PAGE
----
It is well known that high-volume hospitals and high-volume surgeons lead to lesser morbidity and mortality [14]. That is why we always raise a concern given the low volume status in our hospital. But the attempts to establish benchmarks for our practice are vital to maintaining safety of the treatment we provide to PBT patients, e.g., mandating detailed documentation of factors known to affect patients with PBT and their families. To this effect we have to move to more regional complimentary network of hospitals that serve PBT to provide primary and adjuvant therapies in a streamlined fashion. We emphasize the value of the human factor too, with dedicated pediatric neurosurgeons, neuro-oncologist, and neuro-radiologists creating a specialized multidisciplinary team acquainted with the updates rapidly occurring in the field. This will improve the care that the patients should receive in our center and help maintain this benefit for the future and most importantly establish metrics for us to continue to improve our care and compare our performance to that of the rest of the practice institutions.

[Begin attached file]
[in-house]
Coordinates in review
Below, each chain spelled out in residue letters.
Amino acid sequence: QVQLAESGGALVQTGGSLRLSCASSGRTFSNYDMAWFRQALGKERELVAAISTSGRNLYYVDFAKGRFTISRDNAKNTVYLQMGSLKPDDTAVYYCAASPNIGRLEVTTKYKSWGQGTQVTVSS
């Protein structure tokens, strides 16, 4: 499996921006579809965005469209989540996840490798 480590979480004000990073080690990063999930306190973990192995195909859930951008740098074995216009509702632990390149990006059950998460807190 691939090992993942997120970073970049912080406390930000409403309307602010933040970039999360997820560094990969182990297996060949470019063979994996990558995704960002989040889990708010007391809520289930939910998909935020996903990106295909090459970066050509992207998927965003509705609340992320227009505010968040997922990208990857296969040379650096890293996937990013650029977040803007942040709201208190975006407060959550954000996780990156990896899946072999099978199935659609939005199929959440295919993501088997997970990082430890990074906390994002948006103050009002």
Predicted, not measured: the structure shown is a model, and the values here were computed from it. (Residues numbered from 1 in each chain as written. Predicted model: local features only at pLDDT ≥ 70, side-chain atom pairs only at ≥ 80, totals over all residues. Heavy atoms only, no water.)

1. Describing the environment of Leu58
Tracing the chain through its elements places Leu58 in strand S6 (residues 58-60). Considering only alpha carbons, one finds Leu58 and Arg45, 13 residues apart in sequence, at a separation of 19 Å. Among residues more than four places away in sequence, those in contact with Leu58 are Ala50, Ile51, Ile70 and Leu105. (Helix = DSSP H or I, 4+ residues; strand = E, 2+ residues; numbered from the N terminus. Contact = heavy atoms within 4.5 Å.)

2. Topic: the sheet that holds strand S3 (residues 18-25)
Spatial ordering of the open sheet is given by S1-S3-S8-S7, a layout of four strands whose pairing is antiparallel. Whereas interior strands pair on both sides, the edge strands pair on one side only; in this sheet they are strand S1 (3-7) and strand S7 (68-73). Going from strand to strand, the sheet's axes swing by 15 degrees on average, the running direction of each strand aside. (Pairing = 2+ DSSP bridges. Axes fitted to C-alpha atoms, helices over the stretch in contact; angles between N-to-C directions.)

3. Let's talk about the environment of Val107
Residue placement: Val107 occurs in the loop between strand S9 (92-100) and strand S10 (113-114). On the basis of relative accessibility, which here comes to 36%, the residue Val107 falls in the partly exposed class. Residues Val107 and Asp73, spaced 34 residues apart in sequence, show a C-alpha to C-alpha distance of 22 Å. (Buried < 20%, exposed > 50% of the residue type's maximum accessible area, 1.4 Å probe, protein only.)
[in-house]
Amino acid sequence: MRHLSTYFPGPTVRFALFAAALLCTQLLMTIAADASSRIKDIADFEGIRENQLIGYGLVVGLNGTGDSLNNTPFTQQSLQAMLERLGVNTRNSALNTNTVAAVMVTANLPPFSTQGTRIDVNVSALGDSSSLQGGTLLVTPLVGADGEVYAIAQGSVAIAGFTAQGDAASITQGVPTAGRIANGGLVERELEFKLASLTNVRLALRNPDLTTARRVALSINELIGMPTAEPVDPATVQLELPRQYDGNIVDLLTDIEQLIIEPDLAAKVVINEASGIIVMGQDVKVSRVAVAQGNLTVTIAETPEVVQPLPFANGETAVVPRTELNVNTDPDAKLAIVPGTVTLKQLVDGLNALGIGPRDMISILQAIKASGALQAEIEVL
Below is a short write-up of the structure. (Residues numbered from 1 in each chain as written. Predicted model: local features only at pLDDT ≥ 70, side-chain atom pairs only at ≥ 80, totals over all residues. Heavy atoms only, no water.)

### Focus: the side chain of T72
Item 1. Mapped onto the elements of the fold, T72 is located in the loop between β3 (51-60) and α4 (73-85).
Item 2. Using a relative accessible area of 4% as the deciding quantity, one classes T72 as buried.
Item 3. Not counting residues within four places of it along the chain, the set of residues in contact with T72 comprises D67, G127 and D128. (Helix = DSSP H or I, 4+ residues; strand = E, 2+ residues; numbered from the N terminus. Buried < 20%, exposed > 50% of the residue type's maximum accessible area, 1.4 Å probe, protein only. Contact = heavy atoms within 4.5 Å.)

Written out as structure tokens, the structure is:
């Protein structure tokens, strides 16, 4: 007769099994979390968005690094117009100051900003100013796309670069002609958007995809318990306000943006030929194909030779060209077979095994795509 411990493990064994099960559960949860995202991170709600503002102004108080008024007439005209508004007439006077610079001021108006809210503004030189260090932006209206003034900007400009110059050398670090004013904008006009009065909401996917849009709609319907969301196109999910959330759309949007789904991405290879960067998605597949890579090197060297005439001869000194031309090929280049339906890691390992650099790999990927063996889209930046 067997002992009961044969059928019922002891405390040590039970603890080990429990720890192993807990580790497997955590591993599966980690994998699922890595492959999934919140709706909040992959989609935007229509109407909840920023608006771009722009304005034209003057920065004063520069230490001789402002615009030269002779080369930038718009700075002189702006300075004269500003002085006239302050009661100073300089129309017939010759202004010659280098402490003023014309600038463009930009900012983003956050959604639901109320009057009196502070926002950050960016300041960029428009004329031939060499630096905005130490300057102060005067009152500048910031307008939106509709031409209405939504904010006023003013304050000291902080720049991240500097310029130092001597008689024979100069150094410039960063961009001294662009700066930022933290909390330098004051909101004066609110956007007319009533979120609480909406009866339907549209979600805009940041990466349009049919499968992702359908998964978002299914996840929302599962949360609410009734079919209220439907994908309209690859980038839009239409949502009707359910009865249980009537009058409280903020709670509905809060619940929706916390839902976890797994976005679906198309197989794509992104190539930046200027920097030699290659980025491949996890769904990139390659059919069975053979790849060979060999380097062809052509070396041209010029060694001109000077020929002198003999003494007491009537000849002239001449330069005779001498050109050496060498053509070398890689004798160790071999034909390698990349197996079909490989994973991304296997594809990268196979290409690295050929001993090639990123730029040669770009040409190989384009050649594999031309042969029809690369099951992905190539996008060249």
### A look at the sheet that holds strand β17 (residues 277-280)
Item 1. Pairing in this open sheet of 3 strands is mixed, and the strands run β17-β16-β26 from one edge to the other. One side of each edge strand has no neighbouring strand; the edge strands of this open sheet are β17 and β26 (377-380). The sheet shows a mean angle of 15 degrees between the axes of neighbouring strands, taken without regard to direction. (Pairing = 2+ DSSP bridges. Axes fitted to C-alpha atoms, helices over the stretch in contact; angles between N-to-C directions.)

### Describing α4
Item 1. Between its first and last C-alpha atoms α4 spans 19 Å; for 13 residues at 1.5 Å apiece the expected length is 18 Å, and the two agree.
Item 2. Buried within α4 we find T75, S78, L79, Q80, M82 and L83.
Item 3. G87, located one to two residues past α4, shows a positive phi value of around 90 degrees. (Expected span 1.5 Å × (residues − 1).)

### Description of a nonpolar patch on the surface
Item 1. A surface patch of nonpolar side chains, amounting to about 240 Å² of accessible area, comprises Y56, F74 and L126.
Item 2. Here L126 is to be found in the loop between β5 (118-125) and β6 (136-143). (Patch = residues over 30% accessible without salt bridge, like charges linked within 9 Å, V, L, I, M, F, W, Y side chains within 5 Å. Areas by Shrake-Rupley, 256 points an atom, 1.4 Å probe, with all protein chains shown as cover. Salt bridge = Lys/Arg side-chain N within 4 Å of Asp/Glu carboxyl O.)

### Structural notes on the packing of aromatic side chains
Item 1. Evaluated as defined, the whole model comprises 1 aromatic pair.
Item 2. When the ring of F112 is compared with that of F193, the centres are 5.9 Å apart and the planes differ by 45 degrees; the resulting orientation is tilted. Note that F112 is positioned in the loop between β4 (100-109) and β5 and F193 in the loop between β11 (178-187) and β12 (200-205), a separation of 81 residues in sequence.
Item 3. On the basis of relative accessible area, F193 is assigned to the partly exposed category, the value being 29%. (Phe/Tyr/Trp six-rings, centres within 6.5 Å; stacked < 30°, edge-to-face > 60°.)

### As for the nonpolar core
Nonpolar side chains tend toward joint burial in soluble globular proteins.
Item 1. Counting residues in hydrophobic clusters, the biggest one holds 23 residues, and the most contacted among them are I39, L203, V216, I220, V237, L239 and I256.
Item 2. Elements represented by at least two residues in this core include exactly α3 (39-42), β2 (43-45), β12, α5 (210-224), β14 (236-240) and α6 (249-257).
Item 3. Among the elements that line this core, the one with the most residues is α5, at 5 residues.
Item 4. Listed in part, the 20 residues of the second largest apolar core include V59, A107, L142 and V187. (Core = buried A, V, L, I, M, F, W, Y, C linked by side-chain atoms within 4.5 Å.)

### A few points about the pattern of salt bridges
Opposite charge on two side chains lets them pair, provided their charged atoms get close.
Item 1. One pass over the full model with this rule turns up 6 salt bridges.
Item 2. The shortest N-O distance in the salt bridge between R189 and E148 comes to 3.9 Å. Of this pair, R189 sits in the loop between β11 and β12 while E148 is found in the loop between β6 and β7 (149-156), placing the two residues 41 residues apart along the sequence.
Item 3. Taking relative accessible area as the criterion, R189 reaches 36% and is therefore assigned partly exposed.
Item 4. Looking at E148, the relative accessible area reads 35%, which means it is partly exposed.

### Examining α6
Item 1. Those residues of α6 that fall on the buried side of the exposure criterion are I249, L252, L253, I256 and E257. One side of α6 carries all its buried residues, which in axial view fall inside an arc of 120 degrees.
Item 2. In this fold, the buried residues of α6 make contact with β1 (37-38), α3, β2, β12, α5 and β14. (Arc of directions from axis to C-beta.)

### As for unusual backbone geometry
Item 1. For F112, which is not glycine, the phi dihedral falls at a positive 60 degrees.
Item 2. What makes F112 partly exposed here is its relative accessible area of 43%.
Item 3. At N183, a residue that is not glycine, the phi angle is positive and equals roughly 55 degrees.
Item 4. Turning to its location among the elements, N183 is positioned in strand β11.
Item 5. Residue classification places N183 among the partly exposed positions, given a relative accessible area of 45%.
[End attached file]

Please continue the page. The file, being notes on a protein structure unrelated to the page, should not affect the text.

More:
Despite the lack of a sub-specialized multidisciplinary team caring for patients with PBT, the overall surgical mortality rate in KFUH was (4.4%) with a 22% morbidity, which is keeping with those of high-volume neurological centers. Nonetheless, logistical improvements and investing in the specialties involved in caring for patients with PBT will allow maintaining this outcome and create quality metrics that can be used in the future to gauge our progress.


The authors wish to thank Dr. Faisal Al-Ousi and Dr. Mohammed AlAftan for their assistance in data collection.

IRB approval of this study (IRB-2014-01-357).